Originally when I wrote about Jason, my story became too long for a single post. On this post I am sharing the background of how I felt before having children. There was trauma for me remembering my pregnancy and delivery. I also want to share some heartfelt connections and friendships that surrounded this time with Jason.
“Zombieland: it started before having children”
I learned so many things when I started reading my old diaries. It turned out, that I suffered from some serious depression while in my twenties.
I know it was because my life underwent a total transformation. It began when I was married at age twenty-one. I had just graduated college; I had never lived away from home. My life was about my close friends and activities; life was so carefree. I was very immature. After I was married, I stopped writing for two years. I briefly wrote only a few entries after that, and then I stopped for 26 years.
9/20/83 (Age twenty-three)
“Two years. Why did I not write for two years? I can only guess that I felt that there was no experience worth writing about. That doesn’t only mean happy experiences. I used to write most often when I was depressed. At first it was hard to admit not writing. I wanted to a couple of times, but I put it off.
My question now is no longer, “when did I stop writing, but when did I stop feeling?” I feel only sad now, if I feel anything, for the person that died. For Judy, who had so many hopes and dreams and love.
For the past two years I’ve stopped dealing with feelings. For two years I’ve been struggling, but it got bad when I stopped feeling. I never did tell my friends the things that upset me. I never tell anyone anything – and I hardly tell myself.”
“I don’t even know why I’m writing. Any minute now Mike should be home. If I don’t do something I’ll go crazy. I feel horrible – the pain is so great emotionally that I’m gasping and I feel like falling apart. I wish I knew what I could take pleasure in. I’d feel better if I got more work accomplished – but I know better than to work when I’m upset.
I’m alone with my art. I’m sitting in the studio and the tears are rolling as I write this. The art occupies my every energy and everything else is recuperation and attempts to quell anxiety. Will the money make the difference? Not every day is this bad, mind you.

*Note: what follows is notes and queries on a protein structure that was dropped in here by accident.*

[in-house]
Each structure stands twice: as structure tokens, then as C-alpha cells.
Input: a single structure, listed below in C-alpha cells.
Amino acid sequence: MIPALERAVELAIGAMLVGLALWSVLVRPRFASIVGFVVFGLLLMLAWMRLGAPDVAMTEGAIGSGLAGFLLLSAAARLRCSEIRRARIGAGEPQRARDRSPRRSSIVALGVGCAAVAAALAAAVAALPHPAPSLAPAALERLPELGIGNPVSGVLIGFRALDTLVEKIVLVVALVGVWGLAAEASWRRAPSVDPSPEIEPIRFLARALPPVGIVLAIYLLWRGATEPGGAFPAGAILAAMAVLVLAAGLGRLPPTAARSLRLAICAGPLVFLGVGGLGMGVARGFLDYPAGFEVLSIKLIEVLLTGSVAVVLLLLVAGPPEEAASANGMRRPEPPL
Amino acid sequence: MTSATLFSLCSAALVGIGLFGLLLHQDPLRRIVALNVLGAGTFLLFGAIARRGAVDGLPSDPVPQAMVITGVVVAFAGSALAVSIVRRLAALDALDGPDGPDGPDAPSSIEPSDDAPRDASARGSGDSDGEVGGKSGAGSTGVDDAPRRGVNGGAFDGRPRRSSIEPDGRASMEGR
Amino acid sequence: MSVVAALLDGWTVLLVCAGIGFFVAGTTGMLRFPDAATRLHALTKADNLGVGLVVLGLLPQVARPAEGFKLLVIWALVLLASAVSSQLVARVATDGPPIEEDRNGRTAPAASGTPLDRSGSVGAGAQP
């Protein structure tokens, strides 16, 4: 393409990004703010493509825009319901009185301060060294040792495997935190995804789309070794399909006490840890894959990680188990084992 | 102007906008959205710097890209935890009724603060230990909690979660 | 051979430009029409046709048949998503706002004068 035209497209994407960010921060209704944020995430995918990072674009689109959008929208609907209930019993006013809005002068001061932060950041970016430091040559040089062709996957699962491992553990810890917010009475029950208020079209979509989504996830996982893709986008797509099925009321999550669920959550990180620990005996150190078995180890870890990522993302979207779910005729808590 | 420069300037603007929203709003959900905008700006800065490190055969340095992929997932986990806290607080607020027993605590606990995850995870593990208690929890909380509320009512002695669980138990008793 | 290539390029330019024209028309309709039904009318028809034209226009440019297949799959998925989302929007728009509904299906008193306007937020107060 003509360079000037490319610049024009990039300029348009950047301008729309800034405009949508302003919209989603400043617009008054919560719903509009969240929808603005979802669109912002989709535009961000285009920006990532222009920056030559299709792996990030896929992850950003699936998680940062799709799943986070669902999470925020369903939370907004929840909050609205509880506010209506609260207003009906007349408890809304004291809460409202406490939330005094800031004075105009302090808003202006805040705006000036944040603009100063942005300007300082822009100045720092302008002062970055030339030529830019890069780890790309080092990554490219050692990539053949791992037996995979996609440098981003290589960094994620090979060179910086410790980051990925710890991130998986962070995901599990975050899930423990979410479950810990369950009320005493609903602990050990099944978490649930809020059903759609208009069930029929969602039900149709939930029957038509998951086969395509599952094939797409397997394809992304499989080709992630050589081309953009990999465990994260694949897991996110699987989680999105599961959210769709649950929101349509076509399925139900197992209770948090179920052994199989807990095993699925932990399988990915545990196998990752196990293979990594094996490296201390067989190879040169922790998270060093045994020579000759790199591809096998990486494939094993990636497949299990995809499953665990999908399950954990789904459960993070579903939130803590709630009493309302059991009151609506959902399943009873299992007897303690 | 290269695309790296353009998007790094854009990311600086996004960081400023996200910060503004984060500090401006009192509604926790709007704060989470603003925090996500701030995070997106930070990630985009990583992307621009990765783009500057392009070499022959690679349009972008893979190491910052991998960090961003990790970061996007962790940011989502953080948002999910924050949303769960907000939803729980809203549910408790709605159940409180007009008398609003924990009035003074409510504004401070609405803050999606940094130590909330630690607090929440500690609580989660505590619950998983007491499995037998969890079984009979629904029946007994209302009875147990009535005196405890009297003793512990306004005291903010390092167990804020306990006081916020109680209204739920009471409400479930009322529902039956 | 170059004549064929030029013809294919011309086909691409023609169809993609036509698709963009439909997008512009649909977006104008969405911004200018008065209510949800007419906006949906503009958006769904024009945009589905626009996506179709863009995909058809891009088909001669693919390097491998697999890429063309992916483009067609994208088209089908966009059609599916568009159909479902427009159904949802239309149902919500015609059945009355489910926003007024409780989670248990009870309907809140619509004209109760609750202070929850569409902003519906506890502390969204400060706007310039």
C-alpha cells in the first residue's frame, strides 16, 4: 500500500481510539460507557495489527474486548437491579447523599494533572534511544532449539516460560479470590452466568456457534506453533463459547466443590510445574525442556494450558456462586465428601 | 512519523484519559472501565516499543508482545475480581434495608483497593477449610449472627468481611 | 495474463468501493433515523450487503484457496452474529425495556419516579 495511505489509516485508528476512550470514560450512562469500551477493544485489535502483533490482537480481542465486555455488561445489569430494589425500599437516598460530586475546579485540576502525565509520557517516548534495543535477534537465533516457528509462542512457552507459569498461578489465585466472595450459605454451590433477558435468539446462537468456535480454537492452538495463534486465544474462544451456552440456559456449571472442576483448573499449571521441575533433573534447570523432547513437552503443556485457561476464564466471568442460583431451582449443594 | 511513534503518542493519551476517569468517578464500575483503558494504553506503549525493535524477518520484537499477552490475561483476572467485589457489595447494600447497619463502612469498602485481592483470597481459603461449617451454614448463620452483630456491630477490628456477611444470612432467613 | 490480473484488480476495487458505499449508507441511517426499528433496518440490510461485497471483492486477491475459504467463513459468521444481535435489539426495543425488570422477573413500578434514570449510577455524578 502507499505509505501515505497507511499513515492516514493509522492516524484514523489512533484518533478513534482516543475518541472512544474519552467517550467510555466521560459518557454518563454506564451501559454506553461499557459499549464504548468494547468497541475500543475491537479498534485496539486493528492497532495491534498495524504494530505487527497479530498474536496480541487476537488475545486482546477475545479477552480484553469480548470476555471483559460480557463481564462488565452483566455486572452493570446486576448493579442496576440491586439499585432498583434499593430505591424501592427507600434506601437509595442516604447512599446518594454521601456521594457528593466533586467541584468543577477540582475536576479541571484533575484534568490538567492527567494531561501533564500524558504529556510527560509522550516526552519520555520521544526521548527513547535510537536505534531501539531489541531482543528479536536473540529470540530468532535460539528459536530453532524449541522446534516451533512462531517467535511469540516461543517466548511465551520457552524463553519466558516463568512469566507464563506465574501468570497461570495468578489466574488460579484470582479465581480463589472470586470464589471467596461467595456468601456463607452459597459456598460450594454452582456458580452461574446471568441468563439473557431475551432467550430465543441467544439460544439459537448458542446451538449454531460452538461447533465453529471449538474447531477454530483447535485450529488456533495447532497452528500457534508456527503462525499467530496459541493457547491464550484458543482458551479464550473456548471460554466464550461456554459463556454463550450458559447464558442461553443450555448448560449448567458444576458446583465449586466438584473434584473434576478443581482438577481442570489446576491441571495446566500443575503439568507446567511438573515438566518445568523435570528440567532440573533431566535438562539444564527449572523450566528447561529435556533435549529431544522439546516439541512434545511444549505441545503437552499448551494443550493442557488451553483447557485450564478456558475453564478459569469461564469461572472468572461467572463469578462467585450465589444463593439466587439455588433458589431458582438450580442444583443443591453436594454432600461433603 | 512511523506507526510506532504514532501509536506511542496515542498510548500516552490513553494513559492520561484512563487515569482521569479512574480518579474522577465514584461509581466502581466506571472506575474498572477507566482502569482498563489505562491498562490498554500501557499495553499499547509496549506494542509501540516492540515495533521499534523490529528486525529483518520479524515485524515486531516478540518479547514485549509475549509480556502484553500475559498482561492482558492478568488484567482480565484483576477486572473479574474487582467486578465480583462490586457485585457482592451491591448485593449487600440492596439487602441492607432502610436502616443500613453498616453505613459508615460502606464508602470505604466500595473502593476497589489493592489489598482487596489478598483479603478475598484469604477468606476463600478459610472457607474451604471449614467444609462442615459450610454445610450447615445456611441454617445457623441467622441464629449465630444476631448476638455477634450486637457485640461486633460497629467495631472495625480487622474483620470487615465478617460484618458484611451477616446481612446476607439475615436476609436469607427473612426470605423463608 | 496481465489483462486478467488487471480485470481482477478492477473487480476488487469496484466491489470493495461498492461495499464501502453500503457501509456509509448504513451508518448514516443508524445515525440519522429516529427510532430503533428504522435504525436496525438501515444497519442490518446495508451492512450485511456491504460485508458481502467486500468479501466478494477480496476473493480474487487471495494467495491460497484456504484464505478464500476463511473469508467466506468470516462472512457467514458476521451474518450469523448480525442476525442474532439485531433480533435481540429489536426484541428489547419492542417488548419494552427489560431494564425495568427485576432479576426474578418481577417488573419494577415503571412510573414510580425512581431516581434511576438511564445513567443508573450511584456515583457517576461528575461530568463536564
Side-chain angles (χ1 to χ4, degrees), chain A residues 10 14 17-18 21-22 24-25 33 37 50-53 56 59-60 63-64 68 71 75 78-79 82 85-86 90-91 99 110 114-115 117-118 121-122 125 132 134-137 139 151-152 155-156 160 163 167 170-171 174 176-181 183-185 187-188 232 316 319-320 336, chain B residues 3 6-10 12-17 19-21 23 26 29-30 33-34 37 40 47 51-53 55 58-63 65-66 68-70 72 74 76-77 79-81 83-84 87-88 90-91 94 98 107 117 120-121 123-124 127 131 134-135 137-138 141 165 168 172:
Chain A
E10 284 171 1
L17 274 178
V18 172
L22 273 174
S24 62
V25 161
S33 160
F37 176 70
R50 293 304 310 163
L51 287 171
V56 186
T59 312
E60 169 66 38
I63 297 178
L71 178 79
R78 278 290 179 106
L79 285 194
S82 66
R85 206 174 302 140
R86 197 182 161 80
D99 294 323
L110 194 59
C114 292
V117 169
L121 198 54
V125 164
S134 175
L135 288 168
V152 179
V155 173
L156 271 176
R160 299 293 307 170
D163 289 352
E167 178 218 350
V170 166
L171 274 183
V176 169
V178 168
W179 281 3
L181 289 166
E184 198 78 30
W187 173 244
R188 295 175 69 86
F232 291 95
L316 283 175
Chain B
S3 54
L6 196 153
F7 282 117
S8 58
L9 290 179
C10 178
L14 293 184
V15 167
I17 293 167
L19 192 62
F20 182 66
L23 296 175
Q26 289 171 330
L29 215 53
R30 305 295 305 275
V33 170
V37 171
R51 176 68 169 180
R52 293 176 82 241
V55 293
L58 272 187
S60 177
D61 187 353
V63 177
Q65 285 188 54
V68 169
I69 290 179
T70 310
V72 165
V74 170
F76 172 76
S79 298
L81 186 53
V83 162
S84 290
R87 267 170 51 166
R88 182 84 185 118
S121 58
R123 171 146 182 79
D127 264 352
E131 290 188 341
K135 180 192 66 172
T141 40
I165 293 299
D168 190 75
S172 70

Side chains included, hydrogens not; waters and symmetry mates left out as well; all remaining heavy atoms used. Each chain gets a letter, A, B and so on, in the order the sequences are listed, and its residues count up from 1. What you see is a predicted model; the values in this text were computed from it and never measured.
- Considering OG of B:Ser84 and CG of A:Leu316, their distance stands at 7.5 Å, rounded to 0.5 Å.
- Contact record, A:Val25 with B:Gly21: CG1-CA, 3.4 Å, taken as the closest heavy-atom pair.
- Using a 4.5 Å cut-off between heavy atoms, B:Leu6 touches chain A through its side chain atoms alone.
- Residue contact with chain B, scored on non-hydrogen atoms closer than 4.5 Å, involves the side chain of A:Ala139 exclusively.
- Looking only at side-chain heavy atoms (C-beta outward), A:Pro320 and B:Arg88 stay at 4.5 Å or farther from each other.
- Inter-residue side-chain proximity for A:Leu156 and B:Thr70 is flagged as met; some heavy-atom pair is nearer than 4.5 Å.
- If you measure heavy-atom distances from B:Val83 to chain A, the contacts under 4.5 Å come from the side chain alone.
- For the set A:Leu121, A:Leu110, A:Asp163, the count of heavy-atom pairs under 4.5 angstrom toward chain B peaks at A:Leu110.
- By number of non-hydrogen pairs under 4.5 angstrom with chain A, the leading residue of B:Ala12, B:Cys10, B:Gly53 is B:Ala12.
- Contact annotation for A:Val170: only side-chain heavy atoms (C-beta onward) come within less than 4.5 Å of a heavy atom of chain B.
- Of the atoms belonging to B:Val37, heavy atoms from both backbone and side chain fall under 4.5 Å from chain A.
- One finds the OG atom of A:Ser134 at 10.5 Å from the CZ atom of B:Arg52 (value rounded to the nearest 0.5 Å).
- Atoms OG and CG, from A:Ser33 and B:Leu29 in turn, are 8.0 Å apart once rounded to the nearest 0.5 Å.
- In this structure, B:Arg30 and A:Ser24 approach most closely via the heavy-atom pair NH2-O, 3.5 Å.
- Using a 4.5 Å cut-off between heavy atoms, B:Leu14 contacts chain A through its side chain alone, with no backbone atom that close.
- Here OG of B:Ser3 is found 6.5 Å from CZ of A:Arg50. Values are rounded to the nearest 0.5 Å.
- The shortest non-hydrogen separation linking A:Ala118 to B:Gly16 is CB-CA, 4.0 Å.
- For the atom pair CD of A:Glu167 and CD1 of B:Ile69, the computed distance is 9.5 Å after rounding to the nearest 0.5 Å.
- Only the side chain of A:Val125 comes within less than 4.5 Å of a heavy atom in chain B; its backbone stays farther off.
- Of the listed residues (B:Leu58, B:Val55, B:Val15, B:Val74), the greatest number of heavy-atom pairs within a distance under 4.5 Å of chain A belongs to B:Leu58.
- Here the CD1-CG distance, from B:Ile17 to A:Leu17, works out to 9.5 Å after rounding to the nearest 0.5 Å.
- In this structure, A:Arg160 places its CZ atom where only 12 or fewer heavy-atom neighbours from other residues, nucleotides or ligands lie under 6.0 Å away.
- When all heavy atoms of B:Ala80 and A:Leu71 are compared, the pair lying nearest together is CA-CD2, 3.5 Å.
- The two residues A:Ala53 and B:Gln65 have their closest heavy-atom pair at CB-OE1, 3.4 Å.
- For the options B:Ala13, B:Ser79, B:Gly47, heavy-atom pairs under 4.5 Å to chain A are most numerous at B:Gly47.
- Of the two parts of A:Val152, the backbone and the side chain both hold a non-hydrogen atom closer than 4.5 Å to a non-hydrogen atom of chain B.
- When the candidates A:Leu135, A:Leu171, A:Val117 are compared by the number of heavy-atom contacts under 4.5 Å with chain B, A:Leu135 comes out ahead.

I wish I knew what to do with myself. The ache that I feel hurts so much. I don’t know that I’m angry at Michael for not being with me at this moment. But I’m very disappointed. I’m even disappointed in myself for needing anyone – can’t I be alone all day and evening? I guess when there are few pleasures; it’s difficult. I wonder if I’ll even remember looking back on this.”
2/15/84 (Final entry; Age twenty-four)
“Why do I find it so difficult to write? It’s almost as if I’m afraid to expose myself to me! But here I am – alone, and I have more fear of being bored than of writing.
How beautiful it was that I could just open up and write all of my feelings. I would love to do that again. I just checked – there are 192 pages left to this book and someday they had better be finished! My only question is: will it be in five or twenty years? Reading this – only you know the answer.”
“Something was missing in my life.”
Being that I was the youngest of three children, I was never around babies much. My older brothers had children, and I was only too eager to leave family events to get away from all the annoying cooing and “baby doting” going on. Michael and I didn’t even have pets; we had no responsibilities to anyone beside each other.
The ambivalence about whether or not to have a child made me crazy. Something was definitely missing in my life. Mostly, my immaturity hadn’t prepared me for the isolation of my career. My rationale for waiting to have children was that it would be easier once my career was established. I did become established and successful. However, I spent a lot of time alone painting. It turns out that music had already disappeared from my life.
I had a memory about my recently deceased mother-in-law. Her name was Ruth. Ruth often mentioned to me her reasons for me to have children. I only “half listened” to her most of the time. She knew I didn’t like children. Ruth often said to me, “I never liked children, either. I still don’t! However, when it was my own children – well that was completely different. Once they put that child in my arms; there’s no way to explain that kind of love.”
One day, I surprised my husband. It has been interesting for me to realize, how many decisions were left up to me. I appreciated that quality in him because this decision directly affected him, too. When I was twenty-six years old, I told him I was ready to find out what having a child would be like. I became pregnant within a few weeks.